Randolph Benson’s documentary film The Searchers debuts at the Texas Theater in Dallas this November. The film explores the unique subculture of JFK researchers from the standpoint of an outsider—Benson teaches at the Center for Documentary Studies at Duke University—who found himself, over time, becoming an insider.Benson’s work has appeared on the Bravo Network and Canal Plus—France, and his film Man and Dog received several awards, including a Gold Medal from the Academy of Motion Picture Arts and Sciences’ Student Academy Awards. I talked to him about the process of making his new film.


So who are the searchers of the title?

Who are they? The searchers are average citizens—normal people, curious people—who realized there was more to the [JFK assassination] story and information not covered by the media. The media wasn’t doing their job so they took it upon themselves to ask the unasked questions. Most of the first generation critics [those who started right after the assassination] started and never let it go. In a nutshell, they were normal people who have become marginalized—a lot of which was intentional by the CIA. They created the term “conspiracy theorist.”[1] That term instantly became an intellectual scarlet letter.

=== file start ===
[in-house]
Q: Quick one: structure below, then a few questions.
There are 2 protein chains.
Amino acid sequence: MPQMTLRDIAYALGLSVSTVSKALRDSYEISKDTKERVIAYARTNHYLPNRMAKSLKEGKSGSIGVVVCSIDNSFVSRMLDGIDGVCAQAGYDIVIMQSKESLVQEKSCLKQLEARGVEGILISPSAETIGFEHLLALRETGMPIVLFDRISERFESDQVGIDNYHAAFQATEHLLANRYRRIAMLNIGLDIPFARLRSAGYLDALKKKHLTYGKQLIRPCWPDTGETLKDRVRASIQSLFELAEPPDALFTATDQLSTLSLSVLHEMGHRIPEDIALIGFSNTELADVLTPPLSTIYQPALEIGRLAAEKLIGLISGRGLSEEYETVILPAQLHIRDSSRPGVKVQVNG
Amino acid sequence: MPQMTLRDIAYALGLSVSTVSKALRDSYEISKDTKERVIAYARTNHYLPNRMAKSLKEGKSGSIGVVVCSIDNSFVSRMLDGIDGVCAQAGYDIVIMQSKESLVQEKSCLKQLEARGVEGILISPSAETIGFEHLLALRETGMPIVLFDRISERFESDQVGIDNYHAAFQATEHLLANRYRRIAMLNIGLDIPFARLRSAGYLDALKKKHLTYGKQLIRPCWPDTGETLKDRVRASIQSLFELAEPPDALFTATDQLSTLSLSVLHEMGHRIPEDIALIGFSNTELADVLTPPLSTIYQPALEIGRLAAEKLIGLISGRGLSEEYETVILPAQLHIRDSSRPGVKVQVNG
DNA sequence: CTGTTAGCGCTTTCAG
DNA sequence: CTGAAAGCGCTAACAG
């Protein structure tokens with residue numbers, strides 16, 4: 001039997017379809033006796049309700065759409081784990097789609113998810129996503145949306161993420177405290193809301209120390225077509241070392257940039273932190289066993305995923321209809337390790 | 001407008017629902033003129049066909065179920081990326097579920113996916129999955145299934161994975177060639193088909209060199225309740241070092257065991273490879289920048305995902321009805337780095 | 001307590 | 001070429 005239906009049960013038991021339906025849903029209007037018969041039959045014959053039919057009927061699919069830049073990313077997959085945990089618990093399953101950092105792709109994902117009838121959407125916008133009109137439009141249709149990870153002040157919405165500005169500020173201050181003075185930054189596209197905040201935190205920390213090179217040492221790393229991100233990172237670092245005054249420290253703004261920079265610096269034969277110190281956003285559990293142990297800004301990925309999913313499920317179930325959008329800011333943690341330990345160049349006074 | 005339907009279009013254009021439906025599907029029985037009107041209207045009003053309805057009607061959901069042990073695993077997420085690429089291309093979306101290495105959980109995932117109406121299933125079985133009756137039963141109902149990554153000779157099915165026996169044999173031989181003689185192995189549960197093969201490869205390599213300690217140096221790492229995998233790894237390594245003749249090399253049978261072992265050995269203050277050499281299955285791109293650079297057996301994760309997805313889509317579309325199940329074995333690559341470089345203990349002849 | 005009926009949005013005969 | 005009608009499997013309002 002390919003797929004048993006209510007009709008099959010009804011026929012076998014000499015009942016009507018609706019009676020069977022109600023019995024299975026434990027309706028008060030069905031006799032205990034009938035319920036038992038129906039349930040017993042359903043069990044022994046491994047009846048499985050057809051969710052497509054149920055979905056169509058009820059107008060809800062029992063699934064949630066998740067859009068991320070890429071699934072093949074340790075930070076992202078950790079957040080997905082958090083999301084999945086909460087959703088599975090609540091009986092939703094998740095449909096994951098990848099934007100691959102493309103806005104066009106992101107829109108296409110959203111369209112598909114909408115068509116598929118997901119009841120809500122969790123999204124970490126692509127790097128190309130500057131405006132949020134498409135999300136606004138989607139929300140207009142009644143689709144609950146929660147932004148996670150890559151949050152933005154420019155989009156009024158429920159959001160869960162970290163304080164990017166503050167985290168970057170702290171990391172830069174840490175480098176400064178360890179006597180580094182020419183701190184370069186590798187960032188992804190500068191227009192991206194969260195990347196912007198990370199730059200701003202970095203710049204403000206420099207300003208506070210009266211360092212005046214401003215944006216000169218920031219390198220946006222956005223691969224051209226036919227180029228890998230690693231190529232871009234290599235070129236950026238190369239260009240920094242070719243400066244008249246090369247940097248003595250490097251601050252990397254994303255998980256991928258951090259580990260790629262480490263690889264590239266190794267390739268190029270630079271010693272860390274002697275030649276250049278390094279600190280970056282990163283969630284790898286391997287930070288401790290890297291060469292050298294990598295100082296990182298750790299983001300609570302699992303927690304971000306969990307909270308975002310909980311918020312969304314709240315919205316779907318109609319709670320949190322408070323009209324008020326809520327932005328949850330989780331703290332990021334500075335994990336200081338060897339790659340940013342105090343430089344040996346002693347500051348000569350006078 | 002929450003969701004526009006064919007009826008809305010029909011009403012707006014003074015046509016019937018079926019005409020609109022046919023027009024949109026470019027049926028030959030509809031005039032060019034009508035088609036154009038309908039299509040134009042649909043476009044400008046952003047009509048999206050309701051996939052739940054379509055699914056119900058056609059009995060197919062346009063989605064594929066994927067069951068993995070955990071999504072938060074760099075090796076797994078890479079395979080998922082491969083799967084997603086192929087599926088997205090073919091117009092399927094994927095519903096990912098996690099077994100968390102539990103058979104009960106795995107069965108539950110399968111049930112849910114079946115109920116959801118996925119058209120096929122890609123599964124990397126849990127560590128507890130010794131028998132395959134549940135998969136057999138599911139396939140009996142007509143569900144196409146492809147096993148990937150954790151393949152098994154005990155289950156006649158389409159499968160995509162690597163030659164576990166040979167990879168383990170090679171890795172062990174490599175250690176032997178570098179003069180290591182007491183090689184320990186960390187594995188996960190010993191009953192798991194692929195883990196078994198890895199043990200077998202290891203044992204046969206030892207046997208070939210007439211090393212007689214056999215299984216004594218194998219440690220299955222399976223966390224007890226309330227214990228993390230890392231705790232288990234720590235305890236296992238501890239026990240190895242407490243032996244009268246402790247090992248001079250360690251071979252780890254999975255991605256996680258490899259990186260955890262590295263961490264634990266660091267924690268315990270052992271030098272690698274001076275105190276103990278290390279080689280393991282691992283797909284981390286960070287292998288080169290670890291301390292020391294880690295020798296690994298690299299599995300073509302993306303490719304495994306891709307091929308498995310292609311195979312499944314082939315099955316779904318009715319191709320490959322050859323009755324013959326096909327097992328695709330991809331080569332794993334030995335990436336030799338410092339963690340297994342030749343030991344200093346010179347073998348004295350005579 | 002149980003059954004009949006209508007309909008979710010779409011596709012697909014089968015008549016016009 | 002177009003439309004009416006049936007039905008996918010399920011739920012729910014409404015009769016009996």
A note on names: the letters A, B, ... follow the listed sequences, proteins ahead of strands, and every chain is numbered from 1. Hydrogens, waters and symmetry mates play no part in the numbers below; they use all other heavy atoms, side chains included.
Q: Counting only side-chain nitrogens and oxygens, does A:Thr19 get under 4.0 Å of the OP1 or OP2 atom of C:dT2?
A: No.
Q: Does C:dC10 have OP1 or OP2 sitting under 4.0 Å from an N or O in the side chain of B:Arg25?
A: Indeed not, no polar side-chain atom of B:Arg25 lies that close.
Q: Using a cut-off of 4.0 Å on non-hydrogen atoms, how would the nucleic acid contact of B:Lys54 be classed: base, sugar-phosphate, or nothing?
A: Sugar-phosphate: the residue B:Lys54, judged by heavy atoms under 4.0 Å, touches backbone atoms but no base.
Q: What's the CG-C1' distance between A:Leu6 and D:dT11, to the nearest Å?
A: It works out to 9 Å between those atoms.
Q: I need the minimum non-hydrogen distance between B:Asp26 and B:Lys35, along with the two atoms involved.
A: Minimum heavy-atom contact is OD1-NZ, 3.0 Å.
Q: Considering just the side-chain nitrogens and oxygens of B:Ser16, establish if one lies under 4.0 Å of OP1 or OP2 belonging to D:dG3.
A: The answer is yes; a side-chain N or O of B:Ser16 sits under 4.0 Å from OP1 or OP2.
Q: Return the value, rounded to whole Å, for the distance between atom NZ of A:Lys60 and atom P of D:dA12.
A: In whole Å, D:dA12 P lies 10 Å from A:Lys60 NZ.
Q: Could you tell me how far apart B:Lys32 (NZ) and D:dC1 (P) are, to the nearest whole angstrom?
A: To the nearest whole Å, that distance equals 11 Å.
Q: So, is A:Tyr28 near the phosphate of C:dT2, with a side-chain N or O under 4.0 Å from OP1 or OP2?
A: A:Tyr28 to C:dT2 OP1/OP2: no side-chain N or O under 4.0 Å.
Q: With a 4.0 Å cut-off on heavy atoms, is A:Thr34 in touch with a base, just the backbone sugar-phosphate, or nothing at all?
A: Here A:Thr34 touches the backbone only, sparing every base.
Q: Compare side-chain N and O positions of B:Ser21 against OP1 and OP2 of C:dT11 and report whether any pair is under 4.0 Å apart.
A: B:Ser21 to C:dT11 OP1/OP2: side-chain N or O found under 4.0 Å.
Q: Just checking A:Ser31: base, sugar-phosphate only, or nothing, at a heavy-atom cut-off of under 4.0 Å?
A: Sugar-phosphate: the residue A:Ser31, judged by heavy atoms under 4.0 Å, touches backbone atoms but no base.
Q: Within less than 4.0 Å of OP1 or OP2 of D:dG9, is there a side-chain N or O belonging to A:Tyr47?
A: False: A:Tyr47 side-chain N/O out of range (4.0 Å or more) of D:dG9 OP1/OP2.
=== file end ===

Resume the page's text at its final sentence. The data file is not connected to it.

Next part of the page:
And your film focuses on these first generation critics?

Not necessarily. The narrative thread is John Judge, who was generation 1.5. But I do cover the history of the subculture of the research community. The first generation was critical to tell the story and explain why anyone would commit any amount of their lives to this subject. There is that question—and it is a question for anyone doing anything—is why bother? They could have done anything. It was because they had questions that weren’t being answered. Because people from both generations helped reveal everything from the crimes of Vietnam and the crimes of Watergate, which led to the Church Commission, which revealed how our media was being controlled by intelligence agencies and had institutional protection.[2]